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Background Intravenous thrombolytic therapy (IVT) with tissue plasminogen activator for acute ischemic stroke is underutilized in many parts of the world. Randomized trials to test the effectiveness of thrombolysis implementation strategies are limited. Methods and Results This study aimed to test the effectiveness of a multicomponent, multidisciplinary tissue plasminogen activator implementation package in increasing the proportion of thrombolyzed cases while maintaining accepted benchmarks for low rates of intracranial hemorrhage and high rates of functional outcomes at 3 months. A cluster randomized controlled trial of 20 hospitals in the early stages of thrombolysis implementation across 3 Australian states was undertaken. Monitoring of IVT rates during the baseline period allowed hospitals (the unit of randomization) to be grouped into 3 baseline IVT strata—very low rates (0% to ≤4.0%); low rates (>4.0% to ≤10.0%); and moderate rates (>10.0%). Hospitals were randomized to an implementation package (experimental group) or usual care (control group) using a 1:1 ratio. The 16‐month intervention was based on behavioral theory and analysis of the steps, roles, and barriers to rapid assessment for thrombolysis eligibility and involved comprehensive strategies addressing individual and system‐level change. The primary outcome was the difference in tissue plasminogen activator proportions between the 2 groups postintervention. The absolute difference in postintervention IVT rates between intervention and control hospitals adjusted for baseline IVT rate and stratum was not significant (primary outcome rate difference=1.1% (95% CI −1.5% to 3.7%; P=0.38). Rates of intracranial hemorrhage remained below international benchmarks. Conclusions The implementation package resulted in no significant change in tissue plasminogen activator implementation, suggesting that ongoing support is needed to sustain initial modifications in behavior.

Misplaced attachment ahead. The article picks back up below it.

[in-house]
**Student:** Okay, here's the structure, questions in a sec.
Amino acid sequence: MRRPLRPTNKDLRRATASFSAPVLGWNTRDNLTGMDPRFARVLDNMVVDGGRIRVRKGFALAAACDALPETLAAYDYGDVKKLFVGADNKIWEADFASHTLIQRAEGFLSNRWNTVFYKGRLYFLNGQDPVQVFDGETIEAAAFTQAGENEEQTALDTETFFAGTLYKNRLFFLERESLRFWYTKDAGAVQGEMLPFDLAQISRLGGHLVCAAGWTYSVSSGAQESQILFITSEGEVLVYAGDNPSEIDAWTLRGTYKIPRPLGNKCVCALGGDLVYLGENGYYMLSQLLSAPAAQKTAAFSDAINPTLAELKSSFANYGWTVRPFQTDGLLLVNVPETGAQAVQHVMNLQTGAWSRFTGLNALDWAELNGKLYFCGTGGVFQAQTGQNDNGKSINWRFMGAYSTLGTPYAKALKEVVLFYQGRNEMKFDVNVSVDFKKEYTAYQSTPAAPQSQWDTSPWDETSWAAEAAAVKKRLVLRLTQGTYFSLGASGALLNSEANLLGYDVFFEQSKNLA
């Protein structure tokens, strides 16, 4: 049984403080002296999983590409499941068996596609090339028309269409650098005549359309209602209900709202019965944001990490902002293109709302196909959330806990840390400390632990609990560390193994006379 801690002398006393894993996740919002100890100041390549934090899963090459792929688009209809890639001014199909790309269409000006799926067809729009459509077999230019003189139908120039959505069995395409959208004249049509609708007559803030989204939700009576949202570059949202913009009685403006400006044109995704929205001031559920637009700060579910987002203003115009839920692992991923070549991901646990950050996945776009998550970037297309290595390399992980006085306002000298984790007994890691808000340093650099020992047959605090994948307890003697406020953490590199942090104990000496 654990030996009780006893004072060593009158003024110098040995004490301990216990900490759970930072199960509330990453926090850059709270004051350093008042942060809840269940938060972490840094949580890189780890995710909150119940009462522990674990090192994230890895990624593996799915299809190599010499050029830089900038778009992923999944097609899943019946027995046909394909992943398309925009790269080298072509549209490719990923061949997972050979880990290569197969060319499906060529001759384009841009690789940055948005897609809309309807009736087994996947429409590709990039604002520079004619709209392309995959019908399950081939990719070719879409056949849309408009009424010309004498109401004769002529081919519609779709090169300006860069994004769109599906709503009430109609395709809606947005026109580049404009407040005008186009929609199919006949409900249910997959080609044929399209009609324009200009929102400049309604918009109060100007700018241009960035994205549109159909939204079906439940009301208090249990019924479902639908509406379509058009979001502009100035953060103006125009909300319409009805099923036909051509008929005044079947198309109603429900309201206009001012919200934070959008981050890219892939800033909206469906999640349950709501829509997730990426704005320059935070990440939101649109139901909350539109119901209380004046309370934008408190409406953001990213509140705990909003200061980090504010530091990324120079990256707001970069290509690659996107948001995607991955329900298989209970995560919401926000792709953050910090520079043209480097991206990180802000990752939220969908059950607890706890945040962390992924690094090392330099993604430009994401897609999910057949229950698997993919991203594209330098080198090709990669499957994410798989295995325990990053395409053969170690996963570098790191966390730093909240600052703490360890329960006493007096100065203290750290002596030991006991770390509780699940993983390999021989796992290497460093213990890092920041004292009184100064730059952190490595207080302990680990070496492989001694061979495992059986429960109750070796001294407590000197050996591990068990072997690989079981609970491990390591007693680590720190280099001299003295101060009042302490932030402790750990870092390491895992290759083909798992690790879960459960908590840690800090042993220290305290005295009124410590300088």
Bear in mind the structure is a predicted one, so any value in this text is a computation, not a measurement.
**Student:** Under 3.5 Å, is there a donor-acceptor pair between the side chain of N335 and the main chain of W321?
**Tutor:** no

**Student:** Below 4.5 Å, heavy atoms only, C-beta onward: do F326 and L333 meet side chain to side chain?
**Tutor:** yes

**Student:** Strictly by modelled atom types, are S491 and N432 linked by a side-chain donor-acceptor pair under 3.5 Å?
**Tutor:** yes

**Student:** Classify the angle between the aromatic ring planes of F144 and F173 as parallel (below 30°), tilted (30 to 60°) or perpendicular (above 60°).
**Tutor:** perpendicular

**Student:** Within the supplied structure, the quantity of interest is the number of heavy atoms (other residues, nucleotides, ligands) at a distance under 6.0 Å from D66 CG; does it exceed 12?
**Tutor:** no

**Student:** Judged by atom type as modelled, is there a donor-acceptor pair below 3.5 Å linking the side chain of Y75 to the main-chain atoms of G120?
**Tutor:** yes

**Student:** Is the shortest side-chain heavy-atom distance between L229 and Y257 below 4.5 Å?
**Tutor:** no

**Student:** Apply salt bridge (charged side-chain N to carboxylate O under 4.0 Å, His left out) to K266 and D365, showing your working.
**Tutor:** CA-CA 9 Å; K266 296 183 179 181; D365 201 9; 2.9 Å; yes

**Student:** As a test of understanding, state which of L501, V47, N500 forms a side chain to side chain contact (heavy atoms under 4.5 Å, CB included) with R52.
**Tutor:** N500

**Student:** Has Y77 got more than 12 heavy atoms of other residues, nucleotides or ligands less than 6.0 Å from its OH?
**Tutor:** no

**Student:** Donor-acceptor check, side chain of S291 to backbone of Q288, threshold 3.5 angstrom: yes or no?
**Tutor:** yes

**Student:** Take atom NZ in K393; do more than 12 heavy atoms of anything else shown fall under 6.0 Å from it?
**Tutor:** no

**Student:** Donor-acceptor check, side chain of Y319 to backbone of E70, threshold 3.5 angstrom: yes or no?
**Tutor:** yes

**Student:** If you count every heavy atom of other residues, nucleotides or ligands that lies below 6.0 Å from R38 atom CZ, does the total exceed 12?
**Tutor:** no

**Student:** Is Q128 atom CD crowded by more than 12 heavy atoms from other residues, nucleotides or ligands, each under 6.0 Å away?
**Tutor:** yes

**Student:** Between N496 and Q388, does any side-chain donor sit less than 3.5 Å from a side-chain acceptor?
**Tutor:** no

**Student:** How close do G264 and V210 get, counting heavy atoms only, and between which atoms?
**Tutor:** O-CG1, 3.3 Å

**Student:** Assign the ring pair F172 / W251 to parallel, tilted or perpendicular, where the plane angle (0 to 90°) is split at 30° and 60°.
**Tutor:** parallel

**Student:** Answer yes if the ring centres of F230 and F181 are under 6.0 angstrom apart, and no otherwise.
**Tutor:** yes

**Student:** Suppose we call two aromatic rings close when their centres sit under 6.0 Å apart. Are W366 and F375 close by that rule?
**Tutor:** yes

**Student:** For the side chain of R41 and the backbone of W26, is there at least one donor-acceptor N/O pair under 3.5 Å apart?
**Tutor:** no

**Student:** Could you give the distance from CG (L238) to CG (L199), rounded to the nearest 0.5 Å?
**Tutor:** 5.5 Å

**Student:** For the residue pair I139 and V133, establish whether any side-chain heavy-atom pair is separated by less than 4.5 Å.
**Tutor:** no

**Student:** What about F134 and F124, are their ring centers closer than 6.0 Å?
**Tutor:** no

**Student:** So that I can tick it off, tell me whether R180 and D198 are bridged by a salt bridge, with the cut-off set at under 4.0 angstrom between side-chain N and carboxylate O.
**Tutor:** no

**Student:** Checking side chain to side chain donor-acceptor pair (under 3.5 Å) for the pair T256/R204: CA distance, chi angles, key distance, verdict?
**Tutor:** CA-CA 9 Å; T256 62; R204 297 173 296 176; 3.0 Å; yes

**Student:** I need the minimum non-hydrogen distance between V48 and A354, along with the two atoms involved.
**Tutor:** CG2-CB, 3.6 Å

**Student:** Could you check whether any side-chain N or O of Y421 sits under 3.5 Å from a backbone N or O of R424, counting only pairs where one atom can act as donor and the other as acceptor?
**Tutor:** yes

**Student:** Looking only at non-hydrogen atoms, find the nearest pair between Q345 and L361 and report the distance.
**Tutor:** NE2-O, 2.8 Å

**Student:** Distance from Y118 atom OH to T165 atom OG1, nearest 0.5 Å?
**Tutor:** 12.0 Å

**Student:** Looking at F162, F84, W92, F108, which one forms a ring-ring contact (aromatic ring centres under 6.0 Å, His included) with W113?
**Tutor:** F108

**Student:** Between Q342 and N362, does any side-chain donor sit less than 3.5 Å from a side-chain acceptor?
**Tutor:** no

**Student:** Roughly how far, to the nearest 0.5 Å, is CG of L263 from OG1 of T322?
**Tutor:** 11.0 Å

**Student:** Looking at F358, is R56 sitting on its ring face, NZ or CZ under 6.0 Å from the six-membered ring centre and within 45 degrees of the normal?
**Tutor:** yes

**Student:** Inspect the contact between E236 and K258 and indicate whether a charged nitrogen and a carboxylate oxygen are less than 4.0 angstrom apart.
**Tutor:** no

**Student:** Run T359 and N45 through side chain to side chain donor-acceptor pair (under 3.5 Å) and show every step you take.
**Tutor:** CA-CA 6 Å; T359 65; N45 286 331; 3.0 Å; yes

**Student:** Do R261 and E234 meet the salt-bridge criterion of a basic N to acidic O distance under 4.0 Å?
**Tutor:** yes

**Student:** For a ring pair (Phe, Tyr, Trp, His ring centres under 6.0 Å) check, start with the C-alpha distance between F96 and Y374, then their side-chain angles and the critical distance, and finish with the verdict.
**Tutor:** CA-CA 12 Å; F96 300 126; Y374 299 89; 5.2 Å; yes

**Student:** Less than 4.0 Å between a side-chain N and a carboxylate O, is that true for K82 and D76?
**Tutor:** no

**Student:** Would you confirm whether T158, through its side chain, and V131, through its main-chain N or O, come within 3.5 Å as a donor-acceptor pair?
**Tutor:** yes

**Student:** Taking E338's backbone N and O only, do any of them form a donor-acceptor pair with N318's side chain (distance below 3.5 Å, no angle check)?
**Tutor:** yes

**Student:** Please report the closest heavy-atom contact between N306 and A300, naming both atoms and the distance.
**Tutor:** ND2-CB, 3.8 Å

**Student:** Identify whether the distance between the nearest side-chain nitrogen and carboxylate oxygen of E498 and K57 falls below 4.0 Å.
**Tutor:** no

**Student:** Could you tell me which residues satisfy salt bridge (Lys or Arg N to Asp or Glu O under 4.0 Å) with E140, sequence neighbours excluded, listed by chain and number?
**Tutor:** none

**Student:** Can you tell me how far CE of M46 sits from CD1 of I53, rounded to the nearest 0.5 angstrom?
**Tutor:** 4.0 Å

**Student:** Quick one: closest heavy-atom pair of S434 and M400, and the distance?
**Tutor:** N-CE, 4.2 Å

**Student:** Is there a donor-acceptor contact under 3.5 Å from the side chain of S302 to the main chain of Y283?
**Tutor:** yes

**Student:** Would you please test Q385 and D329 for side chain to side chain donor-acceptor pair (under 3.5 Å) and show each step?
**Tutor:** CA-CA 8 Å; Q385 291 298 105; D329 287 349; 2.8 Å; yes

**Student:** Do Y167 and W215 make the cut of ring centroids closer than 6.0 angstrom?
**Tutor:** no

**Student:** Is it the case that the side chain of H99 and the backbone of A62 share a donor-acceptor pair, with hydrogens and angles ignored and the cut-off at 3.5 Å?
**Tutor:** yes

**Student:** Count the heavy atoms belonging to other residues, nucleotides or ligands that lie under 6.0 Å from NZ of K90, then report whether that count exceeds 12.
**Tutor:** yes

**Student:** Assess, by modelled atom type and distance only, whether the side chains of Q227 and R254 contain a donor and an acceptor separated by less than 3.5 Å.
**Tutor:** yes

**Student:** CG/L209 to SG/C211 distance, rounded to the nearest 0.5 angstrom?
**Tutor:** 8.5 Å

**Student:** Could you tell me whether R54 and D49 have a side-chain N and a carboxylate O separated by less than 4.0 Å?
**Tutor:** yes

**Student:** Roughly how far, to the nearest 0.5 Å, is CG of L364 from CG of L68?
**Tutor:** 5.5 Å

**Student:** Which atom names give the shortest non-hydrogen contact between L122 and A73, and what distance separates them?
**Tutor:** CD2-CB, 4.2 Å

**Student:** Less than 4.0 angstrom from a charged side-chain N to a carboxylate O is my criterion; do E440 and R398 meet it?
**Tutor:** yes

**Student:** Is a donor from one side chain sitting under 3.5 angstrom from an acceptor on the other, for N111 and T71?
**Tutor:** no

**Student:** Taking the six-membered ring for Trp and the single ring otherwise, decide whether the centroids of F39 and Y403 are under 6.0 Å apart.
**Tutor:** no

Nursing Research Institute

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Open Access Journal Article

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Open Access

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Creative Commons Attribution-Noncommercial 4.0 License
This work is licensed under a Creative Commons Attribution-Noncommercial 4.0 License